british airways fear of flying course
This week I passed my Masters Degree in Television and Radio Scriptwriting.
It has taken two years and eight months of hard work, tight deadlines but to be totally honest I enjoyed every minute of it so much that it never felt like I was studying at that level.
Having a passion for storytelling and writing, it meant that I had a reason to sit at my laptop for hours on end, buy different coloured writing books to make notes on and spend a ridiculous amount of money on text books.
It is also a good excuse to binge watch fabulous television shows where I’m merely analysing how the storyline runs, how characters conflict etc.
The MA is also a fitting way to say farewell to what has been the best decade of my life so far.
I turn the big 4-0 in September and I’m already trying to think of things I need to plan on completing in my forties. How on earth can I match the past decade in terms of developing as a person?
I don’t recognise me as a thirty year old. Back then my life was all about getting through every day and not suffering with another panic attack, or a bout of depression. Anxiety and low self-esteem were part of my character back in 2004.
I was in an unfulfilling job and seemed to be afraid a lot of the time. Don’t ask me what I was afraid of – perhaps just living? One things for sure I felt stuck in a rut and the only focus in my life were my young children and husband.
Family is of course important but I also felt like I needed more in my life.
Then I had one of those life changing conversations with a work colleague.
I’d always wanted to study for a degree. My colleague had studied for her degree with the Open University when she was a single mother. She was then an Early Years Advisory Teacher, who ended up getting a job in the Grand Cayman islands training their teachers. She encouraged me to study with the Open University too.
“I’ll be 35 by the time I get a degree” I’d wailed to her, to which her response was just the response I needed. “You’ll be 35 anyway – you can either be 35 and with a degree or 35 and without one”.
That moment right there changed my life forever. The person I am sitting on my sofa typing this blog post is not the same person contemplating her future on her 30th birthday.
I graduated as an undergraduate in BA (Hons) Humanities with Media Studies in July 2009, age 34 (combining credits).
I will graduate in July 2014, age 39 with a Masters in Television and Radio Scriptwriting.
I went on a Fear of Flying course age 34, my first flight as an adult and since then have travelled to USA, Canada, Spain, Portugal, France, Menorca, Germany, Austria, Italy, Switzerland, Amsterdam and Ireland.
From being paralysed in fear at talking to groups of people, I now present a weekly entertainment show on my local community radio station.
I have a fulfilling job working for a university in Media City where I get to help students on a daily basis. A complete career change for me leaving local government finance to move into Higher Education (wouldn’t have been possible without the degree).
It really has been a metamorphosis of character for me in the past decade and it both worries and excites me at the prospect of the next decade.
Will it be as exciting? Is there anything else I should do to improve my life? Or is this the decade where I should just chill out and appreciate life in general, enjoy the extra time now the children are getting bigger and swim in as many oceans as I can?
One thing is for sure. I’m a firm believer that there are key moments in your life and you can either choose to ignore them, or embrace them and make those changes.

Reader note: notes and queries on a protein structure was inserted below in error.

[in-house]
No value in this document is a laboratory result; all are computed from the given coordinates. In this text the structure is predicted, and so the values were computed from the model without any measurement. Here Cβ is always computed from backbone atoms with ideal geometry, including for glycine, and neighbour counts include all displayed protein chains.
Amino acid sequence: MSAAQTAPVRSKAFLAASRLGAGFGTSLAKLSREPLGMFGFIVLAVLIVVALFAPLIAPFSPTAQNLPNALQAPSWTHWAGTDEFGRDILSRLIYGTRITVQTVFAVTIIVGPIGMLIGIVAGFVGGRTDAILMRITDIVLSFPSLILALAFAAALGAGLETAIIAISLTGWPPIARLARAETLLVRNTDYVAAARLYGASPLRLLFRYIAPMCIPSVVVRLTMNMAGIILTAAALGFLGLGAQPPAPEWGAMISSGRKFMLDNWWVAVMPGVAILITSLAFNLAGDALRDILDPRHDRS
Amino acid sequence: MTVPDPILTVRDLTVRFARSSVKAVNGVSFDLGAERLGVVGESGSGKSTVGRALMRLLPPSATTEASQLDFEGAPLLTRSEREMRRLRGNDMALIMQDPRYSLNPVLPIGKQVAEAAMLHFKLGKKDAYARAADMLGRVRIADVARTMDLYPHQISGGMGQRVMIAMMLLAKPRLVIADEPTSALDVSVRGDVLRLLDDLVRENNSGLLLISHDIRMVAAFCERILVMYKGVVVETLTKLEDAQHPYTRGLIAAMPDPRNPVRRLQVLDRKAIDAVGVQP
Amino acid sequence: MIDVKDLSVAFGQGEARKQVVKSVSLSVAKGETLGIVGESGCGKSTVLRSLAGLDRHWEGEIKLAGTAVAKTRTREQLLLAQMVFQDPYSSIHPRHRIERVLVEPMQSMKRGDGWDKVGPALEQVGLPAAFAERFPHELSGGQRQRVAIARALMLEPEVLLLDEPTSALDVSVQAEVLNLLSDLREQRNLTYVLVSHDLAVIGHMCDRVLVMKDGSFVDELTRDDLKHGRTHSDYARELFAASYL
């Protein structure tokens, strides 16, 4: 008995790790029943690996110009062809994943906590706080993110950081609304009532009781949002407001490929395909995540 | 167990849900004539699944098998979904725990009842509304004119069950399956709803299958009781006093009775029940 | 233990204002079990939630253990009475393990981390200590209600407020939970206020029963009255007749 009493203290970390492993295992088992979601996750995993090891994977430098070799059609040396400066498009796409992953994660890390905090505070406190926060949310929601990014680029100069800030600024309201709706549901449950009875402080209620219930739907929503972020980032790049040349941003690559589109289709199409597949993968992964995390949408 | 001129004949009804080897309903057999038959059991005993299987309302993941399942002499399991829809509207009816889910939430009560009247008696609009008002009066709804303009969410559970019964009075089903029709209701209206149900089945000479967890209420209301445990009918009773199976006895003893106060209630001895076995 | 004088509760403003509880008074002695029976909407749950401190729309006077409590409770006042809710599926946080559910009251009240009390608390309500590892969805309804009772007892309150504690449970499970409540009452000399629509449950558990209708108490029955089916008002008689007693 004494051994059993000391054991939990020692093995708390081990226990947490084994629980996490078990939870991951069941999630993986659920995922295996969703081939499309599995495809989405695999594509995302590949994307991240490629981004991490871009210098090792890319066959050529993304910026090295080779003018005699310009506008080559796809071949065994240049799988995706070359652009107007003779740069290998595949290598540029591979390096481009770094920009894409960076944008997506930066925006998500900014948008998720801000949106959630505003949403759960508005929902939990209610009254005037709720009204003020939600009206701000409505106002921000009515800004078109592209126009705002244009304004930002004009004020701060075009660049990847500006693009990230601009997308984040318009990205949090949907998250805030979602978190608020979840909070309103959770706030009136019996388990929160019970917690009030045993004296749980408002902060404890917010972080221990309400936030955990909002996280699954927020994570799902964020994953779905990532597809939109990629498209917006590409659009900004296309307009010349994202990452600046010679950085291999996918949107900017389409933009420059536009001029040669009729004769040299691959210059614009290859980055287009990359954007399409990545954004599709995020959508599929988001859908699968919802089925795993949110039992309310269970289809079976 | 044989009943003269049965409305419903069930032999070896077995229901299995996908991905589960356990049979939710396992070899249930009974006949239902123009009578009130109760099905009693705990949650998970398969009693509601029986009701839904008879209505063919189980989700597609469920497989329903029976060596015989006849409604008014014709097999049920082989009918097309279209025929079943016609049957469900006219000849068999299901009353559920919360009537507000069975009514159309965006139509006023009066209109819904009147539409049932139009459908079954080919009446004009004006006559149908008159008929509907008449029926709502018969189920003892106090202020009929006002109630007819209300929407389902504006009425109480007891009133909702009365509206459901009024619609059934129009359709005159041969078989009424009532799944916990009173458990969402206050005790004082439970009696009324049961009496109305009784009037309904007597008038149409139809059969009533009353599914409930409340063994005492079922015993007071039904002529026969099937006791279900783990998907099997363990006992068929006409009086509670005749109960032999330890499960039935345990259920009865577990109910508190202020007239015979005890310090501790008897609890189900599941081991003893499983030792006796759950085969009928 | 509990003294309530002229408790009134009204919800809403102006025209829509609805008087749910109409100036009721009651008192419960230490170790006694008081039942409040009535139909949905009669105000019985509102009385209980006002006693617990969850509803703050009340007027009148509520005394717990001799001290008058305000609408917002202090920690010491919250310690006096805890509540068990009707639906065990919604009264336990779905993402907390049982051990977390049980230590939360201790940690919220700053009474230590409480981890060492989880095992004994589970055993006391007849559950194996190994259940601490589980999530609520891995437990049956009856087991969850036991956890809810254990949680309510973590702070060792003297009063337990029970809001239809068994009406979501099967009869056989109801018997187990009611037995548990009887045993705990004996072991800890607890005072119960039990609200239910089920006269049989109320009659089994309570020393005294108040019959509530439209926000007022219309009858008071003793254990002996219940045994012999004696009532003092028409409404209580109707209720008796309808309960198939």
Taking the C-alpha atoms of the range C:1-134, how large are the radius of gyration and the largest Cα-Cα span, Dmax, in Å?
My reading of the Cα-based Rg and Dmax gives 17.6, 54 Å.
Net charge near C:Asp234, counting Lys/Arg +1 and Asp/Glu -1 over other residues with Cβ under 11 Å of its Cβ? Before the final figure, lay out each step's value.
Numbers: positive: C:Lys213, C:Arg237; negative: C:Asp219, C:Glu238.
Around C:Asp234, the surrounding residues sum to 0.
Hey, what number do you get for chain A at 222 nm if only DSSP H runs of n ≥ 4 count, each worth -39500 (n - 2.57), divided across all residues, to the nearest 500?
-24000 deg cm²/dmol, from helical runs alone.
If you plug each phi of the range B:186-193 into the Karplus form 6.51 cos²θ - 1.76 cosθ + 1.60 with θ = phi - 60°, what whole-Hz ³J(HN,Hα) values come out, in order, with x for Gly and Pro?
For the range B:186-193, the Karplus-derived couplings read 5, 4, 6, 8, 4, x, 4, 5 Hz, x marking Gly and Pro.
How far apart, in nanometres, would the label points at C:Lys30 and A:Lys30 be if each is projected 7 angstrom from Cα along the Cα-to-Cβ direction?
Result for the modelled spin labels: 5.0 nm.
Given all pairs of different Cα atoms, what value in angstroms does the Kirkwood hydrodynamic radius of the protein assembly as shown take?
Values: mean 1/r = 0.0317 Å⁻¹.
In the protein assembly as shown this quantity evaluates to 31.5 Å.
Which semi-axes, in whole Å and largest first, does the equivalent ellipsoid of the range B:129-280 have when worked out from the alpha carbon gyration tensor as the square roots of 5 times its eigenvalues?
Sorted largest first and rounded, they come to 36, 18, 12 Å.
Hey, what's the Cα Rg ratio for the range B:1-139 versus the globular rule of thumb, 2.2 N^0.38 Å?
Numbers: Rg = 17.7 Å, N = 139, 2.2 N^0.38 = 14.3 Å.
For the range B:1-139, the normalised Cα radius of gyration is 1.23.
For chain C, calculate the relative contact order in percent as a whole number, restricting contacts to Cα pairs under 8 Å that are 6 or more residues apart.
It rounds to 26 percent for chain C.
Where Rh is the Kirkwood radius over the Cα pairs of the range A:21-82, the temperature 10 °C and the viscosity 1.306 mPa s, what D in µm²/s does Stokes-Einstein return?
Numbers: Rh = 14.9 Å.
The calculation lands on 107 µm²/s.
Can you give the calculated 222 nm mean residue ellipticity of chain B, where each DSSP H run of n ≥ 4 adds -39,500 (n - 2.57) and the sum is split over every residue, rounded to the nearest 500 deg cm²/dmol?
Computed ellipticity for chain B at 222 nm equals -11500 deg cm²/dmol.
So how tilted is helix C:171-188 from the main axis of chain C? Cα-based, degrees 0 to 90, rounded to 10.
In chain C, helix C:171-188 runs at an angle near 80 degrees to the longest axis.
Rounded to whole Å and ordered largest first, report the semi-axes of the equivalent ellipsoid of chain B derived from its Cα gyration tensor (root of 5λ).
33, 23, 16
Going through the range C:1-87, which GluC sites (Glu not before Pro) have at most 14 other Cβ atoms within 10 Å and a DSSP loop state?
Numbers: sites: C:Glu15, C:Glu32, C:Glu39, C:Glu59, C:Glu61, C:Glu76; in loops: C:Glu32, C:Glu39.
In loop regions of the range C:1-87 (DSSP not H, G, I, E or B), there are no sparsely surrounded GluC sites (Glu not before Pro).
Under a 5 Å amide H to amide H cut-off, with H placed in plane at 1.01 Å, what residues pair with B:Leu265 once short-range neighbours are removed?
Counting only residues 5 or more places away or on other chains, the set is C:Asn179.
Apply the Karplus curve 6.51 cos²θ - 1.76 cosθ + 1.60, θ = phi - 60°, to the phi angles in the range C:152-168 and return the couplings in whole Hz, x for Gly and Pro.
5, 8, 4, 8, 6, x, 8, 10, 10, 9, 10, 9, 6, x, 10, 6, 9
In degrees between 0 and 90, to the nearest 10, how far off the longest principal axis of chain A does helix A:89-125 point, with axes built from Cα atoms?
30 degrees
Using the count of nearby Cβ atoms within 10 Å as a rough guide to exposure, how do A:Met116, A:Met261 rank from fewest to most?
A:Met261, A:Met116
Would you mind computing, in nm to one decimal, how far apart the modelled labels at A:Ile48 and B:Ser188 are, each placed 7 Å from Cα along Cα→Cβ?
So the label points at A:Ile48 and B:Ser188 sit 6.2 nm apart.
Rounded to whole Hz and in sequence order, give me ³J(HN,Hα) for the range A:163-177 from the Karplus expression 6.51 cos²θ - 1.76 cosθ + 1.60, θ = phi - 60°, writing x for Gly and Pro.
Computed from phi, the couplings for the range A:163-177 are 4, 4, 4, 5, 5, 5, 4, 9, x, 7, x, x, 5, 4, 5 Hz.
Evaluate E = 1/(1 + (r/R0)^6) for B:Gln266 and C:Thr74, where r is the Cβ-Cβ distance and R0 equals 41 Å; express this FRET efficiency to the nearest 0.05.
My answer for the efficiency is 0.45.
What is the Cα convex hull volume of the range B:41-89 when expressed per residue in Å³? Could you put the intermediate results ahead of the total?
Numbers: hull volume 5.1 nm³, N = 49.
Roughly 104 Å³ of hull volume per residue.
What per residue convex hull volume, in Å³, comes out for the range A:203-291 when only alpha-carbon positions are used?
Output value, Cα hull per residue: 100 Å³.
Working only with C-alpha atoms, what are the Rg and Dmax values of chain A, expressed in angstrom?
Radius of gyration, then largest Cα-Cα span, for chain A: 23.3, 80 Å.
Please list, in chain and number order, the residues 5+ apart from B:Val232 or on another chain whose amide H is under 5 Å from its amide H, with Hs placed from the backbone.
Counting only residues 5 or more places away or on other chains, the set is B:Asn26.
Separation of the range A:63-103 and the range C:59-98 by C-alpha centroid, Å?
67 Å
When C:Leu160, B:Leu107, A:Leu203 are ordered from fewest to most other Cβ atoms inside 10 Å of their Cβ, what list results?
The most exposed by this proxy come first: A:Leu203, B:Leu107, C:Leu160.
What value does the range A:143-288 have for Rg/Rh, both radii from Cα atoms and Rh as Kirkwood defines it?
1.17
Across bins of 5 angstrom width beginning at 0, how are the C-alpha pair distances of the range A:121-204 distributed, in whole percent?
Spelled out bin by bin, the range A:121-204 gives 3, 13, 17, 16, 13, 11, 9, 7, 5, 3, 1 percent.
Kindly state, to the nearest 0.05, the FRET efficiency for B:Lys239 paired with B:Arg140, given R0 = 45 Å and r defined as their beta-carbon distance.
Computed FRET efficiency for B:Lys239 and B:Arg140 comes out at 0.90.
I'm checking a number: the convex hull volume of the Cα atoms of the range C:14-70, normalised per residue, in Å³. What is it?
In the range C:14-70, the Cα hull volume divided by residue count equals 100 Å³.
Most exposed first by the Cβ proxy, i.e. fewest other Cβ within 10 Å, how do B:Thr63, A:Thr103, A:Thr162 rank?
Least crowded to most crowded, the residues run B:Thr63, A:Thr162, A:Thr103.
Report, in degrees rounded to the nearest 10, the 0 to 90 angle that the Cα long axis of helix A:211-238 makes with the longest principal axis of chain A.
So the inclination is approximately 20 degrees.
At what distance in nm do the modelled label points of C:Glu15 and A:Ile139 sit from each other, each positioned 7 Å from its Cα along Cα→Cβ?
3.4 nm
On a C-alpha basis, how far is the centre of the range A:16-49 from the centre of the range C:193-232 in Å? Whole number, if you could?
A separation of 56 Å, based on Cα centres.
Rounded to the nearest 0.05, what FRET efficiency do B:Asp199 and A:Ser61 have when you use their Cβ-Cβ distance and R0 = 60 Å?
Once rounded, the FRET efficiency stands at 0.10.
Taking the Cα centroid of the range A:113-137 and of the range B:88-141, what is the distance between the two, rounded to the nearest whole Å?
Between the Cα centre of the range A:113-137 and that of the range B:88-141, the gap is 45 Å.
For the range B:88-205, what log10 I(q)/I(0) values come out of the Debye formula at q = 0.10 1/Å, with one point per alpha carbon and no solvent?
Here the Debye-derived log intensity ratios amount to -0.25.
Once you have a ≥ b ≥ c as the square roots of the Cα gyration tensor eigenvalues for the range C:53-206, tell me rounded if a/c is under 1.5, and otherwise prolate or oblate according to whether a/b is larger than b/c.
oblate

This entry was posted in Blog, Travel, USA and tagged blogging, british airways fear of flying course, community radio, drama, Fear of Flying, MA, New York, New York City, NYC, Open University, Radio Scriptwriting, scriptwriting, TV Shows, writing.
MY NEW YORK ADVENTURE A-Z CHALLENGE 2014
Or to be more precise British Airways, who were my airline of choice when booking the flights to New York City last year.
I have already blogged about just how scared I used to be about flying – resulting in never holidaying abroad and getting off two aeroplanes a number of years ago and spoiling family holidays.
Thanks to British Airways and their life-changing Fear of Flying course I was able to cross the Atlantic Ocean last summer and finally visit the one place in the world that I wanted to see more than anything.
New York City.
It was a no-brainer when booking the flights. Although slightly more expensive than other airlines, this didn’t matter to me as I knew that flying with BA meant that I would be looked after throughout the whole flight. If I got nervous I could just tell them that I’d done their course and felt confident that they would look after me.
The eight-hour flight flew by (literally) and I spent a lot of the time walking up and down the plane stretching my back, and looking quite scary to my fellow passengers as I just had the biggest grin on my face for the entire time.
Spoilt for choice with the entertainment system, I had the choice of watching movies, TV shows or listening to music. I watched Les Miserables, Song for Marion and a couple of episodes of Girls. It was impossible to sleep as I was too excited about my destination.
Every few hours we were served snacks, then a main meal following by another hot sandwich. Drinks were available whenever we wanted, and this was in the cheap seats too.
The best part ever for me was as soon as the plane was on the ground and the flight attendant came on the radio to say the words I had longed to hear “Ladies and Gentleman, welcome to New York’s John.F.Kennedy Airport”. The adventure was about to begin.
Thank you British Airways.
If I never travel anywhere again I will always treasure my adventures in the USA and Canada last summer.
I cannot thank British Airways flying without fear course enough for educating people like me in the mechanics of flying.
It was very reassuring that I wasn’t the only person with such an intense fear as the class of a hundred people was full. They educate you with the statistics of how safe flying is, the mechanics of how the plane manages to get off the ground in the first place and stay in the sky. I knew that I was much safer being on a plane than I was being in a car. During the flight there is commentary about every single sound, sensation and experience that passengers feel when they are flying. I felt confident that the next “real” flight I would experience would be a nerve wracking one, but that the safety wouldn’t be an issue for me.